Research Background

Health services research has been defined as “the multidisciplinary field of scientific investigation that studies how social factors, financing systems, organizational structures and processes, health technologies, and personal behaviors affect access to health care, the quality and cost of health care, and ultimately our health and well-being. Its research domains are individuals, families, organizations, institutions, communities, and populations” (Association for Health Services Research).

Faculty in the Department of Health Services, Policy, and Practice (HSPP) engage in a broad range of health services research. Total research funding for departmental faculty in 2013, including both the Center for Gerontology and Healthcare Research and the Center for Evidence Synthesis in Health, was approximately $8M. Department investigators have collaborations with a broad range of groups including other academic departments at Brown University, Rhode Island state government agencies, the Veterans Administration Medical Center and other Brown affiliated hospitals.


Areas of Substantive Expertise:

The Center for Gerontology and Healthcare Research (CGHCR) is nearly 30 years old and is the home of a wide variety of both aging/gerontology and non-gerontology health care research. The CGHCR is the home of important educational initiatives and Vincent Mor’s NIH Program Project Grant, Changing Long-Term Care in America: Policies, Markets, Strategies and Outcomes, which was recently renewed, and many other aging/gerontology focused research and education projects. Vincent Mor is also PI of two T32’s to train pre- and post-doctoral students in aging and HSR related areas and is the director of the Center for Long-Term Care Quality & InnovationRichard Besdine, the CGHCR Director, is the PI of the Reynolds Project that teaches aging/gerontology content to undergraduate and post-graduate medical curricula. 

CGHCR researchers helped to develop the Minimum Dataset (MDS), which has been in use by CMS since 1990. The Minimum Data Set (MDS) is a federally mandated assessment tool for all residents in Medicare- or Medicaid-certified facilities. Federal regulations require nursing homes to complete MDS assessments for each resident at admission and quarterly thereafter, for as long as a resident remains in the nursing home. The MDS, now in its third version (MDS 3.0) includes over 400 variables which contain detailed information about residents’ health conditions, such as individual cognitive functioning status (e.g. cognitive performance scale), behavior patterns, physical functioning status (e.g. activities of daily living), and disease diagnoses, and is used by CGHCR researchers for many projects. Susan Miller is  leading scholarship of culture change practices in U.S. nursing homes and she and colleagues have studied how the prevalence of culture change practices vary in relation to a state's long term care policies as well as how practices are related to quality outcomes.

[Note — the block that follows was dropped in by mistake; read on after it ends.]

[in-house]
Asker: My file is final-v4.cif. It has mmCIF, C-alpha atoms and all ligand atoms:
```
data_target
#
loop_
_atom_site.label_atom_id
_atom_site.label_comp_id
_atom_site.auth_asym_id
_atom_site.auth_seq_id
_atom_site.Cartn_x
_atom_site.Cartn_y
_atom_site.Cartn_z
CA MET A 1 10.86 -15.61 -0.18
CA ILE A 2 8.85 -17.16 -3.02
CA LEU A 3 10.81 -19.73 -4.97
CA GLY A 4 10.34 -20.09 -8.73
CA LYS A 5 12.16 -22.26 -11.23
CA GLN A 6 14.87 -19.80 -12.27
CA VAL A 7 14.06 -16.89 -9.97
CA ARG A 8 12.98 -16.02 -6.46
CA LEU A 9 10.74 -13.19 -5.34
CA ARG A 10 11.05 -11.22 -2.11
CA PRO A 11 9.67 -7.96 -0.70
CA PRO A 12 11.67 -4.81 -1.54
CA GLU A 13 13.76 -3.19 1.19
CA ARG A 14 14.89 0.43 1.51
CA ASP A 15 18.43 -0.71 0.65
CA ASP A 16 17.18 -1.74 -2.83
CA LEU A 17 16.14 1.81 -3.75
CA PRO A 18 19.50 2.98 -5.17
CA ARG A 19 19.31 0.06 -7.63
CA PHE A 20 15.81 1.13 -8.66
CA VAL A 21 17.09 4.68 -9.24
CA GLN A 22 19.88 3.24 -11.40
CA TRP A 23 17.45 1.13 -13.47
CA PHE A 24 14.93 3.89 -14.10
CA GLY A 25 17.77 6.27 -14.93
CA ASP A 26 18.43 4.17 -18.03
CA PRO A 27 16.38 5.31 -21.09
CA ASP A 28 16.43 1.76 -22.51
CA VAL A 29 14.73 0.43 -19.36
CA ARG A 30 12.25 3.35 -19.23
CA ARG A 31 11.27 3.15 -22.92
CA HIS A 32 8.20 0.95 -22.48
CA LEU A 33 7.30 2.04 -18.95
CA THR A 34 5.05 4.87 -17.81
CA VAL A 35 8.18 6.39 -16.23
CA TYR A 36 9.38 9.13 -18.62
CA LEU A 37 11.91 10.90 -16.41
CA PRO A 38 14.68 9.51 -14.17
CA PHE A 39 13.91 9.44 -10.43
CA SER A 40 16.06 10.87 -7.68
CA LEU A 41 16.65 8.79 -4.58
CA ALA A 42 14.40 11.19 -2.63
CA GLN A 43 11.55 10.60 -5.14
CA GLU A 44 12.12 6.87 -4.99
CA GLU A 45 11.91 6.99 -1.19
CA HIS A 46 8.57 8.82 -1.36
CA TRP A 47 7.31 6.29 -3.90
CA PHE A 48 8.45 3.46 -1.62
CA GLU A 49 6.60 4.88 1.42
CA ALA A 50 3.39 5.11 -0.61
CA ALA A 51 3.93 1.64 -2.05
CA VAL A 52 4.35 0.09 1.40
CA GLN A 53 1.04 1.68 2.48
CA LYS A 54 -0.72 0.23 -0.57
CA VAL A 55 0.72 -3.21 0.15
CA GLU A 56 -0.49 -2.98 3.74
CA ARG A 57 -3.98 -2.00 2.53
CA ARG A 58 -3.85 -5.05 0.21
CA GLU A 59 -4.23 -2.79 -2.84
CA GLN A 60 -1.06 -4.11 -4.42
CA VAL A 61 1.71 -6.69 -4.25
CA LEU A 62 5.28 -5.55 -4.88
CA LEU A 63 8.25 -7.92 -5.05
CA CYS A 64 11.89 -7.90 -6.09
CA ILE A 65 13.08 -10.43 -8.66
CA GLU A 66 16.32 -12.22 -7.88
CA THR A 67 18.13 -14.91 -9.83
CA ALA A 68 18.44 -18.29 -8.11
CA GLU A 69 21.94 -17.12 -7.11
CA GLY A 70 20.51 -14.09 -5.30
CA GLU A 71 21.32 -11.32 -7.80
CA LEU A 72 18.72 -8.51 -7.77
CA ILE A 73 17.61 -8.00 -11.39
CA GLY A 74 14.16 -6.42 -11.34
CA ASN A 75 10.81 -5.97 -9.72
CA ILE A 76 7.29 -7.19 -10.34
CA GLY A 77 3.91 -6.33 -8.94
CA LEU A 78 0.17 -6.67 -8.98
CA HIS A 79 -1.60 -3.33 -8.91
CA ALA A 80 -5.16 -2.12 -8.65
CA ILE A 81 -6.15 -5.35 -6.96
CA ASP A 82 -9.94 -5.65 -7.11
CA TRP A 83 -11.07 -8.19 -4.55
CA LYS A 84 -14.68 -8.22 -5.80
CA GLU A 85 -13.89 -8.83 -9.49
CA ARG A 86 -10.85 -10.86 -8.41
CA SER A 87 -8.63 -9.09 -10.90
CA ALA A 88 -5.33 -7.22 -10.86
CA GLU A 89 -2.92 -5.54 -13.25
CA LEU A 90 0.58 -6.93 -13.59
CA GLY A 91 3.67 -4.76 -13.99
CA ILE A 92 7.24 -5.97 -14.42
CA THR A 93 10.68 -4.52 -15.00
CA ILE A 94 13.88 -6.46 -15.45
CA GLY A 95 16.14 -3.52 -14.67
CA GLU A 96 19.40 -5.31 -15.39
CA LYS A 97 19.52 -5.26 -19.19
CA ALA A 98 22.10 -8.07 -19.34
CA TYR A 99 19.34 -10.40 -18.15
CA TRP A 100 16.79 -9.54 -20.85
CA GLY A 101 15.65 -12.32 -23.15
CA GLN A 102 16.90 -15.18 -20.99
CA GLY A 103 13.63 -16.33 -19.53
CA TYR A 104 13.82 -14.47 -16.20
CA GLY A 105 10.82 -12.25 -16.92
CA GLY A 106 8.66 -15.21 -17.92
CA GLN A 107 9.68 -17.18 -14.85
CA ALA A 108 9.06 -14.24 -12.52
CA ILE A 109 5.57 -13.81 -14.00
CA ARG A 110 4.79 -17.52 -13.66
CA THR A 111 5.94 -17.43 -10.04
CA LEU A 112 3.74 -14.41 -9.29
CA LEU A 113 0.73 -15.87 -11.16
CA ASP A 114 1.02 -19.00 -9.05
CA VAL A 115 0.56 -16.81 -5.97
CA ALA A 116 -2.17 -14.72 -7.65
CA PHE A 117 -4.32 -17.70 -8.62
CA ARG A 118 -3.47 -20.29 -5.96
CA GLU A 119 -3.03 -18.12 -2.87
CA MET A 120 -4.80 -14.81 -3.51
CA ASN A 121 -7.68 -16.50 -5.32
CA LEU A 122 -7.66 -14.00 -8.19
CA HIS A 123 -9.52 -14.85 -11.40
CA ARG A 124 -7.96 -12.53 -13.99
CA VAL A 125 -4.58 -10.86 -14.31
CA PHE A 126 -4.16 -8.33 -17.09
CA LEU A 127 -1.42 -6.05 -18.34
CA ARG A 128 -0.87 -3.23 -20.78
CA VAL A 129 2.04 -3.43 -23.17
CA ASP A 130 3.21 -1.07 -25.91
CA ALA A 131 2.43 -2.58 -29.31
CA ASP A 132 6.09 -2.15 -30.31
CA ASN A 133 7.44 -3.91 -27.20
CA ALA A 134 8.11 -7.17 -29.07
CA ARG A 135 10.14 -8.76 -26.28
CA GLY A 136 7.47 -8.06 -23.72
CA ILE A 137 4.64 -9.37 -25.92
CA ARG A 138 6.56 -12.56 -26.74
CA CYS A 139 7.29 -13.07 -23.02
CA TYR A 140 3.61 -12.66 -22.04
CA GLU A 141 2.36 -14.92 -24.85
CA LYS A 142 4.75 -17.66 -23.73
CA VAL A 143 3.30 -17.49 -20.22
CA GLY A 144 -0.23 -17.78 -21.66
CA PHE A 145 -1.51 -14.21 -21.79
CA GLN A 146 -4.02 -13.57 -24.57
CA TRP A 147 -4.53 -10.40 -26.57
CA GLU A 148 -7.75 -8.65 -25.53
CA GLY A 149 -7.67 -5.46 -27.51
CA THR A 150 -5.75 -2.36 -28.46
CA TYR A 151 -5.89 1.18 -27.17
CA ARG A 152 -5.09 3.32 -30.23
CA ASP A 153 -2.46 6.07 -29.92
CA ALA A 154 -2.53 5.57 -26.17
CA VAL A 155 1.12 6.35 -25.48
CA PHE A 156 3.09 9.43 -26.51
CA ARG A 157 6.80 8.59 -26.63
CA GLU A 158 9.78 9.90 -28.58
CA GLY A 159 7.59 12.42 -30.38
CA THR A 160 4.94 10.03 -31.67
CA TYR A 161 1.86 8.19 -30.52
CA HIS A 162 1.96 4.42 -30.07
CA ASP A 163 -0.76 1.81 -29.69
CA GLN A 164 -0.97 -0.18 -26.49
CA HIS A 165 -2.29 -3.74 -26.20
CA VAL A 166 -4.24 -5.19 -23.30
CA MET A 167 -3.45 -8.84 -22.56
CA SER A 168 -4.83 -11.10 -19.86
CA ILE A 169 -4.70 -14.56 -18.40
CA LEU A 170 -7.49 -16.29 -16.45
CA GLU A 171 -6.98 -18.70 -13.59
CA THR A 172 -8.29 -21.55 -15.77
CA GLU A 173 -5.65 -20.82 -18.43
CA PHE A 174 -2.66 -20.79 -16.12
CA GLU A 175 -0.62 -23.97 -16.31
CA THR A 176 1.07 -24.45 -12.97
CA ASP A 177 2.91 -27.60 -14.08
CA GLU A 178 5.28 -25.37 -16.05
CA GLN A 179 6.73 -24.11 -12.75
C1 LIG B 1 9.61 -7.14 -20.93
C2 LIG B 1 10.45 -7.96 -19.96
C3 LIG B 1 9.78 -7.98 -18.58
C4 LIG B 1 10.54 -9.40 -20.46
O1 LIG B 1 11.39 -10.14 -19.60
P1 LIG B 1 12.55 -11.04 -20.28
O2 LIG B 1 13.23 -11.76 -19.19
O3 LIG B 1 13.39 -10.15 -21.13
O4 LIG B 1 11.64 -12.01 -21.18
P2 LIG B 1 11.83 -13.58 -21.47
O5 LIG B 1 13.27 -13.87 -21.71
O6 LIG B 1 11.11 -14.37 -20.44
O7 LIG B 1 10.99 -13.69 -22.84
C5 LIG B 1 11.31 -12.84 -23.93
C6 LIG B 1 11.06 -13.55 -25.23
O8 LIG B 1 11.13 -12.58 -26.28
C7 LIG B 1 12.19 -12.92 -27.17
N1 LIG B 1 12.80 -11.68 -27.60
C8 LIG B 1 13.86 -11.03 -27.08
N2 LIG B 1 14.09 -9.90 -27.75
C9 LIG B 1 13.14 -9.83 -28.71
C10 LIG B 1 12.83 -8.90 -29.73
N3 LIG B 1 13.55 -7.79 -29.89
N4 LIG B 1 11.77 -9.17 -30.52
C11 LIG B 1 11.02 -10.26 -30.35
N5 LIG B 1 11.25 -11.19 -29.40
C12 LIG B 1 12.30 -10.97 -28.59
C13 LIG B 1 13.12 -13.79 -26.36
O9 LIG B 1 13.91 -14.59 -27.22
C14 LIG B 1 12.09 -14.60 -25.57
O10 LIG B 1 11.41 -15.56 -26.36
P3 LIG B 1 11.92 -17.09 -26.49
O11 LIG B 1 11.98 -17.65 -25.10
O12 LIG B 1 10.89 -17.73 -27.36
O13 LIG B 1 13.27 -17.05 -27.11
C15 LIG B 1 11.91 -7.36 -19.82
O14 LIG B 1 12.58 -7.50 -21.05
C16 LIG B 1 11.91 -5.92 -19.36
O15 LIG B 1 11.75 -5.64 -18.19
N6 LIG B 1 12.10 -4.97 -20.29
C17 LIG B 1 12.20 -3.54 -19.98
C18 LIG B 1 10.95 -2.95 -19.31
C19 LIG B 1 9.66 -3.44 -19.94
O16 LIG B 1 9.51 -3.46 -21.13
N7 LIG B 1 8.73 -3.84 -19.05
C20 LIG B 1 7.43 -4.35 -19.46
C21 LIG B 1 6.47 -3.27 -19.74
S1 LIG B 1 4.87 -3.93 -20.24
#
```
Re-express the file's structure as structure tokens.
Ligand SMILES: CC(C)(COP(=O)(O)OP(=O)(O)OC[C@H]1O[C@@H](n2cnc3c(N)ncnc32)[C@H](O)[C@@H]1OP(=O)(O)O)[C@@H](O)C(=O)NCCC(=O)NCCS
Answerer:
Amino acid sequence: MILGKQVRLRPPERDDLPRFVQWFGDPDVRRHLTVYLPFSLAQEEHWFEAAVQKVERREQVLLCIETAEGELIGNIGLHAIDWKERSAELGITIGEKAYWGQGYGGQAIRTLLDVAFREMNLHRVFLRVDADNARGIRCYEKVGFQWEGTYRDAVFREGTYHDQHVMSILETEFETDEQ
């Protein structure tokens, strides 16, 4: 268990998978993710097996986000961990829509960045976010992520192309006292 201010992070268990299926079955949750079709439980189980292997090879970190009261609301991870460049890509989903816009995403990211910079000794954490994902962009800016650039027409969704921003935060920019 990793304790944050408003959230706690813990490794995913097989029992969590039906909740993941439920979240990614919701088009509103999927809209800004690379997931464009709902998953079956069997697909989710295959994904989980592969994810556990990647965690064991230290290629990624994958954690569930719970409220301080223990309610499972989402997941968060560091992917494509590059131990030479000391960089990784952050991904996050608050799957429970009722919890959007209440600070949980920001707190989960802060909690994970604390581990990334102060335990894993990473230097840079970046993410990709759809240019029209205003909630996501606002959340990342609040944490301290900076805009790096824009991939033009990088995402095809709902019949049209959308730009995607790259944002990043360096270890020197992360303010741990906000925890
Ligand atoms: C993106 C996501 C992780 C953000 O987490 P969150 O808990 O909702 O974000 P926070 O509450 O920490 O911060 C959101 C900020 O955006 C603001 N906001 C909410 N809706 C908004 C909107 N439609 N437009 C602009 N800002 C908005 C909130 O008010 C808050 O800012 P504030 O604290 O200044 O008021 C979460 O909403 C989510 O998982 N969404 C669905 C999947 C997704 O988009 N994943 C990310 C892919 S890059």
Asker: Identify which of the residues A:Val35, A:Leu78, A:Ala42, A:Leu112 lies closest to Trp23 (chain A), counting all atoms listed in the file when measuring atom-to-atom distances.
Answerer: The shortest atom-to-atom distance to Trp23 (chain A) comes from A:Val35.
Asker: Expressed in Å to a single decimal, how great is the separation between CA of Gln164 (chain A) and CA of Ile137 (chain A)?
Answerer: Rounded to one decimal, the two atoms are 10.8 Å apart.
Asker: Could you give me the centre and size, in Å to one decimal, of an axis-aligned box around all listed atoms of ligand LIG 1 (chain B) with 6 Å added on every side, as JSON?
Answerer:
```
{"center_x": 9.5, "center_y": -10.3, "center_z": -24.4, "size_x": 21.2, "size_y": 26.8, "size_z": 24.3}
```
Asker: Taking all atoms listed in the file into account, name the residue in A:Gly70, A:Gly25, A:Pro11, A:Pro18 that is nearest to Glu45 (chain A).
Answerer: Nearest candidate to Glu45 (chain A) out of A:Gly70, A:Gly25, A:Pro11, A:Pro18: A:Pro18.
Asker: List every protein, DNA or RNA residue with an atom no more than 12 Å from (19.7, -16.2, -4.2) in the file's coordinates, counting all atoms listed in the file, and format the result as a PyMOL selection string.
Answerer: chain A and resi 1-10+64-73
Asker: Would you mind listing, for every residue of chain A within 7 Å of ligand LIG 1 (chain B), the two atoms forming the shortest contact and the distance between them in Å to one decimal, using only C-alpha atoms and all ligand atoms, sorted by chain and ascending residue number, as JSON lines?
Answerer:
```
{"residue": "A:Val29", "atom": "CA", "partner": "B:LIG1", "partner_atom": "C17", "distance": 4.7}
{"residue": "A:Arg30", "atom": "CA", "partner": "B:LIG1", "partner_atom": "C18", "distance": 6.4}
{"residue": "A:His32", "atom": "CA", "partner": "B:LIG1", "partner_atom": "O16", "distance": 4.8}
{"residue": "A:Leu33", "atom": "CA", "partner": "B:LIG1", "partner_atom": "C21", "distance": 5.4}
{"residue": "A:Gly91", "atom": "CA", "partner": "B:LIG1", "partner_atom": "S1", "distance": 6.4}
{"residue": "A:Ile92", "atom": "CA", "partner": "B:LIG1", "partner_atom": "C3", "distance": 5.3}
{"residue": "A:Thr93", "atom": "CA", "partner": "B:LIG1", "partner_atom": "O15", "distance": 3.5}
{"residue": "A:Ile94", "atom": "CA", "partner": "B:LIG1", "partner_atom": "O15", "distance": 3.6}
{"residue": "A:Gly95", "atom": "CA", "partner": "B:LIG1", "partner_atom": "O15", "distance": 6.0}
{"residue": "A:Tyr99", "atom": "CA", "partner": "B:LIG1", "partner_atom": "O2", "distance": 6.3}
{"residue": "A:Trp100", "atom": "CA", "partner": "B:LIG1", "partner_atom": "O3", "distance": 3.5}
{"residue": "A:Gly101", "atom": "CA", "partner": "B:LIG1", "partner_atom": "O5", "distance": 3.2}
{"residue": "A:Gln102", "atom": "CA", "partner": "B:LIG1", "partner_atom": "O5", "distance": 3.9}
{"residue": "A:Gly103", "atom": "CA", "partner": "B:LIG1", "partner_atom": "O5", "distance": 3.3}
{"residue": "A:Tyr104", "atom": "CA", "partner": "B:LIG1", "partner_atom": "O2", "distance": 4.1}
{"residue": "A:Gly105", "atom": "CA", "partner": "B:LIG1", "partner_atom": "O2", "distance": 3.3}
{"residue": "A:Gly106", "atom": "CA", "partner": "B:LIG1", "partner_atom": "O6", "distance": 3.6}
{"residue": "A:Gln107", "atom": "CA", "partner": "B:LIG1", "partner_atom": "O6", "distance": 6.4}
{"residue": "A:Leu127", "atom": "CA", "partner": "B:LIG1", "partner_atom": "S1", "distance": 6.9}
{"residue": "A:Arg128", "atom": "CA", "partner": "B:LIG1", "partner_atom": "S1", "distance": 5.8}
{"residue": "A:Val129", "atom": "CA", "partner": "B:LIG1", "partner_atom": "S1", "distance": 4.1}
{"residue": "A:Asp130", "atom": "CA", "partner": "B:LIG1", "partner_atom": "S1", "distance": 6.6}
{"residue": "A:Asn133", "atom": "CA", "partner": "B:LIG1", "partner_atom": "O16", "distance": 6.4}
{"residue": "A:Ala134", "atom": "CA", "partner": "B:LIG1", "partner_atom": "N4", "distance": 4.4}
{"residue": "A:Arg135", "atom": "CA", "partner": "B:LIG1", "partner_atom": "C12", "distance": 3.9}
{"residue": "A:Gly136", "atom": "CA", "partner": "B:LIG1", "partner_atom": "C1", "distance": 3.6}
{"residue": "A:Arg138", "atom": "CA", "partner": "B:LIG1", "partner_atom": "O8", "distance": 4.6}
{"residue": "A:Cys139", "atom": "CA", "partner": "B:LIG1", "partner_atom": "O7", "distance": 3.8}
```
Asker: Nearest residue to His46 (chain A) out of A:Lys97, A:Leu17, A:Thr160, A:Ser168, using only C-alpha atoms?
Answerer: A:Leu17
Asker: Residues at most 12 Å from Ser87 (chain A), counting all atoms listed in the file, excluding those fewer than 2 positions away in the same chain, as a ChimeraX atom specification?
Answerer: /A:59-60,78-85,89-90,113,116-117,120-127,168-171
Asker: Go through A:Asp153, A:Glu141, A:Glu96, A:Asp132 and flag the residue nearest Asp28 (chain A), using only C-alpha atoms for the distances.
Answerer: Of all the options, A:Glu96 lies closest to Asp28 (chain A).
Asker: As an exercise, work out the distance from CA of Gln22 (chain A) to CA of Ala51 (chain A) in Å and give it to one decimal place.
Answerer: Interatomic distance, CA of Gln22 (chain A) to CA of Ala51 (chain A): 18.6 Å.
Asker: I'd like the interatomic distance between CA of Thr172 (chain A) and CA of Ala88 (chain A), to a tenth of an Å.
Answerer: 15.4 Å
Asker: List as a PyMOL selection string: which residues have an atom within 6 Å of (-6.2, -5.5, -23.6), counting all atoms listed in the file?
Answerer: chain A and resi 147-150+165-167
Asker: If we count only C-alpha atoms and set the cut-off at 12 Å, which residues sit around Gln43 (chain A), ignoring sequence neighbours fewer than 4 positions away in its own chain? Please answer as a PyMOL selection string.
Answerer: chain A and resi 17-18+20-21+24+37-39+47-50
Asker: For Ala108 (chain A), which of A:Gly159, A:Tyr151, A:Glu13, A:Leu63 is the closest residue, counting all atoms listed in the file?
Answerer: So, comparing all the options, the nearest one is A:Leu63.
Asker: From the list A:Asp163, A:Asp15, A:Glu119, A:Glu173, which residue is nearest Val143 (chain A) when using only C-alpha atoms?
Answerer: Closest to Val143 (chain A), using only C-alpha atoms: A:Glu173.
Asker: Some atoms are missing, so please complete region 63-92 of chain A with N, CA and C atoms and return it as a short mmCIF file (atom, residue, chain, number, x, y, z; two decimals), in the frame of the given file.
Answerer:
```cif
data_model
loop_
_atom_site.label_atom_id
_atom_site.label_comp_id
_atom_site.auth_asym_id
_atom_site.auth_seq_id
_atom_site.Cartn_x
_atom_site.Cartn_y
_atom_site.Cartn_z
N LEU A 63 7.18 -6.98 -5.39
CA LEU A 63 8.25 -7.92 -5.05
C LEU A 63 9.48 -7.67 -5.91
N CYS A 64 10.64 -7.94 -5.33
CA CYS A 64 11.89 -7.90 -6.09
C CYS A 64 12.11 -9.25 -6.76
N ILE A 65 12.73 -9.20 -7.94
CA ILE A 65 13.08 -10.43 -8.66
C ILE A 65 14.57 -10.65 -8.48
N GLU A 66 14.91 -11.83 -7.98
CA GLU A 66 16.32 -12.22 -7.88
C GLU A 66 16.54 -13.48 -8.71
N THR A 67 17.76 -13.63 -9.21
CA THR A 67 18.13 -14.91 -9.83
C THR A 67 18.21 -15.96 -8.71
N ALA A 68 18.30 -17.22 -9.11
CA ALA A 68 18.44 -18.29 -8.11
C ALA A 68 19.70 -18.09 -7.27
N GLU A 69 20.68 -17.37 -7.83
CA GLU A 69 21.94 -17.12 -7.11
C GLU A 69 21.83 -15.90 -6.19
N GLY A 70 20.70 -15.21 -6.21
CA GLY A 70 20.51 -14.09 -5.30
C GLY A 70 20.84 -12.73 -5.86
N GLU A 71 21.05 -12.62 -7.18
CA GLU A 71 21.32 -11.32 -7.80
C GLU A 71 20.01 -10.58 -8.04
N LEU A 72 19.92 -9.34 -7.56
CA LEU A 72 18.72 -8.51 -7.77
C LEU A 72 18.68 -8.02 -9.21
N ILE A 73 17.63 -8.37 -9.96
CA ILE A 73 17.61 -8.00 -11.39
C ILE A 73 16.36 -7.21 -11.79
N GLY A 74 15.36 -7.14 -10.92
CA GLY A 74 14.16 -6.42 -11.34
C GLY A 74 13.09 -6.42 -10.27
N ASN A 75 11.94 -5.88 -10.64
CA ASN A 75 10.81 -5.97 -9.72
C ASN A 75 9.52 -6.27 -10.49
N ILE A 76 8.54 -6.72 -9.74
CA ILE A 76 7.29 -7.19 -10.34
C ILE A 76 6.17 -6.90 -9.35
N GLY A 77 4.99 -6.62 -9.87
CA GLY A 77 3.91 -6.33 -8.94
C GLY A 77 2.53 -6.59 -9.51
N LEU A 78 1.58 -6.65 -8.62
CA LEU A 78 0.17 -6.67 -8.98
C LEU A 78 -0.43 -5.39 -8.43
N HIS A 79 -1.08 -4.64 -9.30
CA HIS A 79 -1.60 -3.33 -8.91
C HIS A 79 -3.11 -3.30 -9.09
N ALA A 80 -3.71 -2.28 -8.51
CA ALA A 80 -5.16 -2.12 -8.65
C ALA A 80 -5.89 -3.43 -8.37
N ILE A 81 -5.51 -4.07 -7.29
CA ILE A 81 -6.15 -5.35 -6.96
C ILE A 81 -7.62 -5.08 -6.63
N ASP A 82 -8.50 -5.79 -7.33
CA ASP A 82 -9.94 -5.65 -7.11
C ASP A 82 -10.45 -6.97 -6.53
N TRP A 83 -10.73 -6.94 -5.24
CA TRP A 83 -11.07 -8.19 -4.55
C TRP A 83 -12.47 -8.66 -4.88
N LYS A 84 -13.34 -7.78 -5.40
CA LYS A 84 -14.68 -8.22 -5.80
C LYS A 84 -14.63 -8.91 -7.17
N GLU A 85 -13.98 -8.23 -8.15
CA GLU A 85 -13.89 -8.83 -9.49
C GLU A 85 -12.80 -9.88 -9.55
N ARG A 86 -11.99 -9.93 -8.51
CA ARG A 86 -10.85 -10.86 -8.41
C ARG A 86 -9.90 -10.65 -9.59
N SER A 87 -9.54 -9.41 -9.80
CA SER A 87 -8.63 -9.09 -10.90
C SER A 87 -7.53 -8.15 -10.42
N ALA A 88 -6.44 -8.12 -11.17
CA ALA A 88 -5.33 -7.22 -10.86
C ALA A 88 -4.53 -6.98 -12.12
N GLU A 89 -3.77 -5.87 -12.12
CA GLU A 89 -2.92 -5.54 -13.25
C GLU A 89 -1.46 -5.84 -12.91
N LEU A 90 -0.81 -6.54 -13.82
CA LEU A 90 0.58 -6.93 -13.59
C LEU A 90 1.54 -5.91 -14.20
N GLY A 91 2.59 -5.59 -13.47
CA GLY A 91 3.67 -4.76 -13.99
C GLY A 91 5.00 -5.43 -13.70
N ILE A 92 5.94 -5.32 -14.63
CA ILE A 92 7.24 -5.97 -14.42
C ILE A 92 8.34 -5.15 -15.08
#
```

Department faculty study access to and use of hospice and other palliative care services provided in the community and across diverse care settings. They also study how quality and costs may be affected by the use of hospice and palliative care services. Pedro Gozalo has studied the overall cost to Medicare of hospice care in nursing homes, and he and colleagues are working with CMS to redesign hospice payment policy. Susan Miller is an expert on palliative care in nursing homes, and as such, she and colleagues have studied whether nursing home hospice enrollment is associated with lower acute care use and better care processes (such as pain management). Dr. Miller is also conducting the first comparative study of palliative care consults in nursing homes. Dr. Vincent Mor in a co-principal investigator on a nursing home cluster-randomized trial of video-assisted advanced care planning in two nursing home systems. Center investigators also examine palliative care in the Veteran’s Administration system; Dr. Mor is studying whether newly diagnosed lung cancer patients treated in VA Medical Centers that use hospice/palliative care receive less aggressive end of life care.